Huckster trading was known by several names -- also called contraband trading, banned goods trading, back track trading because traders illegally crossed the border and brought back goods (some of which were banned), tata boat trading (mode of transportation), suitcase trading, stripe bag trading because the goods were brought in colorful striped bags. The striped bags were identified as belonging to hucksters. It mostly involved bringing into the country goods that were prohibited by the government but some of them were not banned (like tyres, ghee, agarbati, atar perfume, among a few others).  It was a most difficult period for Guyana as almost every allowable item imaginable (not to mention banned goods that were on a prohibitive list) was in shortage, scarce, or unavailable. No other country in the world was known to ban basic foods and rigidly control imports as Guyana. No other people in the world were known to experience the kind of shortages of basic items (including of food and medicine) and food hardship that Guyanese were forced to endure for almost two decades (1970s and 1980s).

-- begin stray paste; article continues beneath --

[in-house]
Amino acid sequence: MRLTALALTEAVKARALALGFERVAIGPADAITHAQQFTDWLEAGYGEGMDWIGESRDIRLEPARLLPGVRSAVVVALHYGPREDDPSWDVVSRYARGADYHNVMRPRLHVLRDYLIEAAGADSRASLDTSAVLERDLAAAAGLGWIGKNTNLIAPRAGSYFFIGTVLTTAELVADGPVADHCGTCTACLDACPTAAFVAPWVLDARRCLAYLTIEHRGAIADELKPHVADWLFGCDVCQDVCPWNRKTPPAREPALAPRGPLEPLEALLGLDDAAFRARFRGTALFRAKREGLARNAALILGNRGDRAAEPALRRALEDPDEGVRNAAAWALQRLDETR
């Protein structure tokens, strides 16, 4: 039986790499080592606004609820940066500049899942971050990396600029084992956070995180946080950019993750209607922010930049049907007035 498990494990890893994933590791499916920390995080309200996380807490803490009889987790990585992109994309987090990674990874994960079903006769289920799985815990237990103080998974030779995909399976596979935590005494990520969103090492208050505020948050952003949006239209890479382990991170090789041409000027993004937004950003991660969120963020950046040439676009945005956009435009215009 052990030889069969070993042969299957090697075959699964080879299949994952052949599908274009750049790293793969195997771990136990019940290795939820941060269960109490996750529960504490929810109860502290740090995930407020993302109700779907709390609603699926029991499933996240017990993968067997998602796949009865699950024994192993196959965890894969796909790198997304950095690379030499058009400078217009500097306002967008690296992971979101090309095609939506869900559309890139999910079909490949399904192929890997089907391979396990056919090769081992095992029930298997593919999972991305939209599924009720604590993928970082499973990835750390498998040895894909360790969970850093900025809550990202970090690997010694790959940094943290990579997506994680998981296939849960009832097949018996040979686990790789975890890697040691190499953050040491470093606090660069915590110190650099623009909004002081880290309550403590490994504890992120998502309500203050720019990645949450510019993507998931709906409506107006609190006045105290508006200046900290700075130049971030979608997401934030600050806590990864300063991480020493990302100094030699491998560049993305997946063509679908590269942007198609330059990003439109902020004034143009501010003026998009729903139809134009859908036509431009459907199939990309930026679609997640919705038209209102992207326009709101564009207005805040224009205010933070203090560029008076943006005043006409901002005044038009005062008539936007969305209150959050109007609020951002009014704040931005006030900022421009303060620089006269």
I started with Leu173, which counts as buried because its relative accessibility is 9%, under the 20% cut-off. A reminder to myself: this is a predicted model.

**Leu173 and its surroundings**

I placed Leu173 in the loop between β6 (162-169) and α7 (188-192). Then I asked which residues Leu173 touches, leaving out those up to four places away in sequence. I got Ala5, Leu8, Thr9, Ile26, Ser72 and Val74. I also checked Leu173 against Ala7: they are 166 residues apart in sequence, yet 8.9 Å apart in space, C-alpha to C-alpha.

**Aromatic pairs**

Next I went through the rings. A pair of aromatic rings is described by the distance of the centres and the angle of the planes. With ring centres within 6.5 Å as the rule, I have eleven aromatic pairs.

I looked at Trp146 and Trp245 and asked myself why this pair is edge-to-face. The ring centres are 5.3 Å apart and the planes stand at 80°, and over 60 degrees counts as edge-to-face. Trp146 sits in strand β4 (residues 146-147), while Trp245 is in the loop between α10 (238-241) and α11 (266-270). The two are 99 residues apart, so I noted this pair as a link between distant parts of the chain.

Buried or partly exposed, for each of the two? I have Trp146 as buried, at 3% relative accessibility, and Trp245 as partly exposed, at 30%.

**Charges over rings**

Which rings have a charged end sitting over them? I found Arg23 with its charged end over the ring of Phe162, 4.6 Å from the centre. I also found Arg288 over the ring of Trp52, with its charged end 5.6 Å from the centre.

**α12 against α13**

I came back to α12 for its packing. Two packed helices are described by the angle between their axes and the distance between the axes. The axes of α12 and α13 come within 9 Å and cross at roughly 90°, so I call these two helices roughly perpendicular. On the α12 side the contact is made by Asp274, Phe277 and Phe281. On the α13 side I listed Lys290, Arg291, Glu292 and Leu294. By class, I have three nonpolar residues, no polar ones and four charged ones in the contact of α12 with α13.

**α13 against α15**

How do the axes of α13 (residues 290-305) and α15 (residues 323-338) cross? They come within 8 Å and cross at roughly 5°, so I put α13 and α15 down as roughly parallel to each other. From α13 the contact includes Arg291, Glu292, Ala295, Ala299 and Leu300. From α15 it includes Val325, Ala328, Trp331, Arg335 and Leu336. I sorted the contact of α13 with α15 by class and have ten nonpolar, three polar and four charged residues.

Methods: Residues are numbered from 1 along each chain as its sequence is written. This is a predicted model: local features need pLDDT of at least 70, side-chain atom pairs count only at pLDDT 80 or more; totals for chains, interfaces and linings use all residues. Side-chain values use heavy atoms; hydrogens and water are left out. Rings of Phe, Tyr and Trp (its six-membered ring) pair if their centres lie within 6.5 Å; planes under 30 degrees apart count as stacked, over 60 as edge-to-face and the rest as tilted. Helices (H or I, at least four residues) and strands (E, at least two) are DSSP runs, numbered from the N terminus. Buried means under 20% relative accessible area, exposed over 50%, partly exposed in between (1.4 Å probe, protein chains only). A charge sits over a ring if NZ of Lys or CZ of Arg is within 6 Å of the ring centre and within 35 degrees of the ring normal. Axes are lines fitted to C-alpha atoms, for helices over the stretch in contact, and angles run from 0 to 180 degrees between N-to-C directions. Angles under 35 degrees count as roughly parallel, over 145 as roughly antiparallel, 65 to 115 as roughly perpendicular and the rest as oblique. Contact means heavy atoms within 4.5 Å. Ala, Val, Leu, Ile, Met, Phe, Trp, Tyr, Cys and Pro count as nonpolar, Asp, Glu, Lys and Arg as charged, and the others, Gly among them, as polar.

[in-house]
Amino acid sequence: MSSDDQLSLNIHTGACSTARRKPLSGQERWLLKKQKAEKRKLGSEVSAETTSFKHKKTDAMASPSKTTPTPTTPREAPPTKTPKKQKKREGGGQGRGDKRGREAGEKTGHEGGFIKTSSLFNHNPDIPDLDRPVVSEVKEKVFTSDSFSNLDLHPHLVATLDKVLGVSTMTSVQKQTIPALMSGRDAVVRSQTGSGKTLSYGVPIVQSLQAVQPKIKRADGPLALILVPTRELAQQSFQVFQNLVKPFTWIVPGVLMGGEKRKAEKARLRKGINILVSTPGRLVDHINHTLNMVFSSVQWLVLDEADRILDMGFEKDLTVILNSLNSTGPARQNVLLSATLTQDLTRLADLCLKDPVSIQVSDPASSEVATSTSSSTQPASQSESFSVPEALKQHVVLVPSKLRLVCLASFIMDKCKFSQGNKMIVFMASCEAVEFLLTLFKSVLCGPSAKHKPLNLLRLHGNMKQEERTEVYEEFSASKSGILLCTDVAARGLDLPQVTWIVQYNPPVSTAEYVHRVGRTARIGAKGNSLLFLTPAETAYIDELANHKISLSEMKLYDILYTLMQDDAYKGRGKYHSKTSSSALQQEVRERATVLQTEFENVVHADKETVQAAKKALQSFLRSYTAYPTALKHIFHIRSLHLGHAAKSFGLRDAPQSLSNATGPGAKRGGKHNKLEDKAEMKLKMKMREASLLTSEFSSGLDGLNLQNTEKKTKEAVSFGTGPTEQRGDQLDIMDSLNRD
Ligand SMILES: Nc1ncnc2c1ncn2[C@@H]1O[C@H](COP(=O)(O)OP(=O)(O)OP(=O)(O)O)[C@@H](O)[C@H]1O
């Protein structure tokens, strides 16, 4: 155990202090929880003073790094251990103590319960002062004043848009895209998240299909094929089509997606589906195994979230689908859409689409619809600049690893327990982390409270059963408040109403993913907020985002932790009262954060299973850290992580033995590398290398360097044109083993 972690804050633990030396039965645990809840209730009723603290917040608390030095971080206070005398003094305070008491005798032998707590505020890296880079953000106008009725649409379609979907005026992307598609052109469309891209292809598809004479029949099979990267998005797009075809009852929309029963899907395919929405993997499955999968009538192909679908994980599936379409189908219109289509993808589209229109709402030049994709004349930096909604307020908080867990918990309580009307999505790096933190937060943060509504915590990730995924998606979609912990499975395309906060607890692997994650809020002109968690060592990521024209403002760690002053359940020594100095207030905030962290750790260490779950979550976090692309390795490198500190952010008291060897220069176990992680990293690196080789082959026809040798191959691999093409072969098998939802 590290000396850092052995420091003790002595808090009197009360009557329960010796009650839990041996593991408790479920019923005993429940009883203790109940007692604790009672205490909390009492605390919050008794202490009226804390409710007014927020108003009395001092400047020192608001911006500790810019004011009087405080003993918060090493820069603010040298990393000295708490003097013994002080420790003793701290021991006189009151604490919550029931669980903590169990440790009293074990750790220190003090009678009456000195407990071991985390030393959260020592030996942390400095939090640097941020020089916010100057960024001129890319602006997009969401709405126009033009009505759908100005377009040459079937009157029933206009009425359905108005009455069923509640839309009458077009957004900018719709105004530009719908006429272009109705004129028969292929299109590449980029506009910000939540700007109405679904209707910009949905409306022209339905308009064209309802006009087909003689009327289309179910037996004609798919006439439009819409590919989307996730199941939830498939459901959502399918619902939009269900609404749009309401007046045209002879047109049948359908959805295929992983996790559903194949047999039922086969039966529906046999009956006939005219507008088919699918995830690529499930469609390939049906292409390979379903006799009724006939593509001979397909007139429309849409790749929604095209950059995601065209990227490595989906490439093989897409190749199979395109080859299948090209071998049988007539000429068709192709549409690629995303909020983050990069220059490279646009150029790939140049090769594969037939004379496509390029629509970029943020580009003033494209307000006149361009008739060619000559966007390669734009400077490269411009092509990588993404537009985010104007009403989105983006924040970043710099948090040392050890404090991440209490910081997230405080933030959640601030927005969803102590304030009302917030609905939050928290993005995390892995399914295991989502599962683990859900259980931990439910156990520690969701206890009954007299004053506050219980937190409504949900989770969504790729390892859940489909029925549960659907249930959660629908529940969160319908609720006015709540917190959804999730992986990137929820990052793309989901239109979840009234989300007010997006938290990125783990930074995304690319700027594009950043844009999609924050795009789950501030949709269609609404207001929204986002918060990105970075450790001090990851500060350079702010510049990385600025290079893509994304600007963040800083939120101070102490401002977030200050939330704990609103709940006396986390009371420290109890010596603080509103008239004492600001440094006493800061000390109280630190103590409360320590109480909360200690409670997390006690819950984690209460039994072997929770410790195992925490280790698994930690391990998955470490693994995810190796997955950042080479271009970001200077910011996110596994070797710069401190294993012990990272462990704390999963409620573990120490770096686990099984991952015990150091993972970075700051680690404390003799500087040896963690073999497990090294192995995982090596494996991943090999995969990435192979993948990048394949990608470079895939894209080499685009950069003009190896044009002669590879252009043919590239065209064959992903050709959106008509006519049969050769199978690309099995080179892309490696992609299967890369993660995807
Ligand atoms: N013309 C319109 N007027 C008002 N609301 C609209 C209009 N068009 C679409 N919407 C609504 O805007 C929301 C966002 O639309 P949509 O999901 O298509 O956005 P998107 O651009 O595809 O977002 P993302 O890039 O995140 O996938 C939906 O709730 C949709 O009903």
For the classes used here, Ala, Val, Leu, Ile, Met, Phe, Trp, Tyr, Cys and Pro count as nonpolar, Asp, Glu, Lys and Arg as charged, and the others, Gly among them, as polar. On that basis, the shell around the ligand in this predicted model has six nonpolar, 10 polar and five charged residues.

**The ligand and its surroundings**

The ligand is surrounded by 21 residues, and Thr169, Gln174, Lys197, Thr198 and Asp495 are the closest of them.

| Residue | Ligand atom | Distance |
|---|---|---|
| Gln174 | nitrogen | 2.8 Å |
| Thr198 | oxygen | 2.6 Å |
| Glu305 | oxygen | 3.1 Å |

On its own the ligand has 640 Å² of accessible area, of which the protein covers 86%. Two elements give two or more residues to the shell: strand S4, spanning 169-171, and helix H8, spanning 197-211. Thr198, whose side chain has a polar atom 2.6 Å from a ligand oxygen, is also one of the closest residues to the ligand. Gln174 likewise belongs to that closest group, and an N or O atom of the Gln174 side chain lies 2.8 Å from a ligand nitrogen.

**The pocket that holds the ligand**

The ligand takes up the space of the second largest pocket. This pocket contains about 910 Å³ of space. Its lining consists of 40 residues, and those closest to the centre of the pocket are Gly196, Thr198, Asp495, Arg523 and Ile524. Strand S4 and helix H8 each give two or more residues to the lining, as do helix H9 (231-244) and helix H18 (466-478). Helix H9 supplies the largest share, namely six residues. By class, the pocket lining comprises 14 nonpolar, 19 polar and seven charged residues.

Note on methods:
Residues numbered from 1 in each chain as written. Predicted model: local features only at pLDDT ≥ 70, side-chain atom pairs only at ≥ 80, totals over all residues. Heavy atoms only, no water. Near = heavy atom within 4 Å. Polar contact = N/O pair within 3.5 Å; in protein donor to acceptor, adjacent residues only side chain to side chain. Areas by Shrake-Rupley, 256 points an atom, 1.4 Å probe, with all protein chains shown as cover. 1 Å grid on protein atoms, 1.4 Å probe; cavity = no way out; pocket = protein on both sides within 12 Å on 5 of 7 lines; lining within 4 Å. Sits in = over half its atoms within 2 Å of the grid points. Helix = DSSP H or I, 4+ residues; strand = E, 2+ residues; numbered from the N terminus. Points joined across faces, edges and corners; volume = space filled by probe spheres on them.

Beginning in the 1970s, government took control over all imports and nationalized all banks. Foreign currency (primarily American dollars) was not available to the public during the period of the dictatorship; government controlled all banking institutions and all official trade (import as well as export) transactions. There was a serious shortage of foreign exchange as government had to service heavy foreign debt and pay for imports of munitions as well as goods needed for regime (dictatorship) survival. Since foreign currency was not available, the government could not purchase non-prohibited goods. Foreign currency was not available to traders to purchase goods abroad. Hucksters purchased foreign currency on the local black market, offering higher (competitive) exchange rates than the official government bank rate. Not surprisingly, the underground economy probably had more foreign currency than the government. One of the ways the traders obtained foreign currency was to smuggle (raw) gold or gold jewelry to Trinidad, Barbados, Curacao which was sold to earn cash that was used to purchase needed goods in demand to take back to Guyana.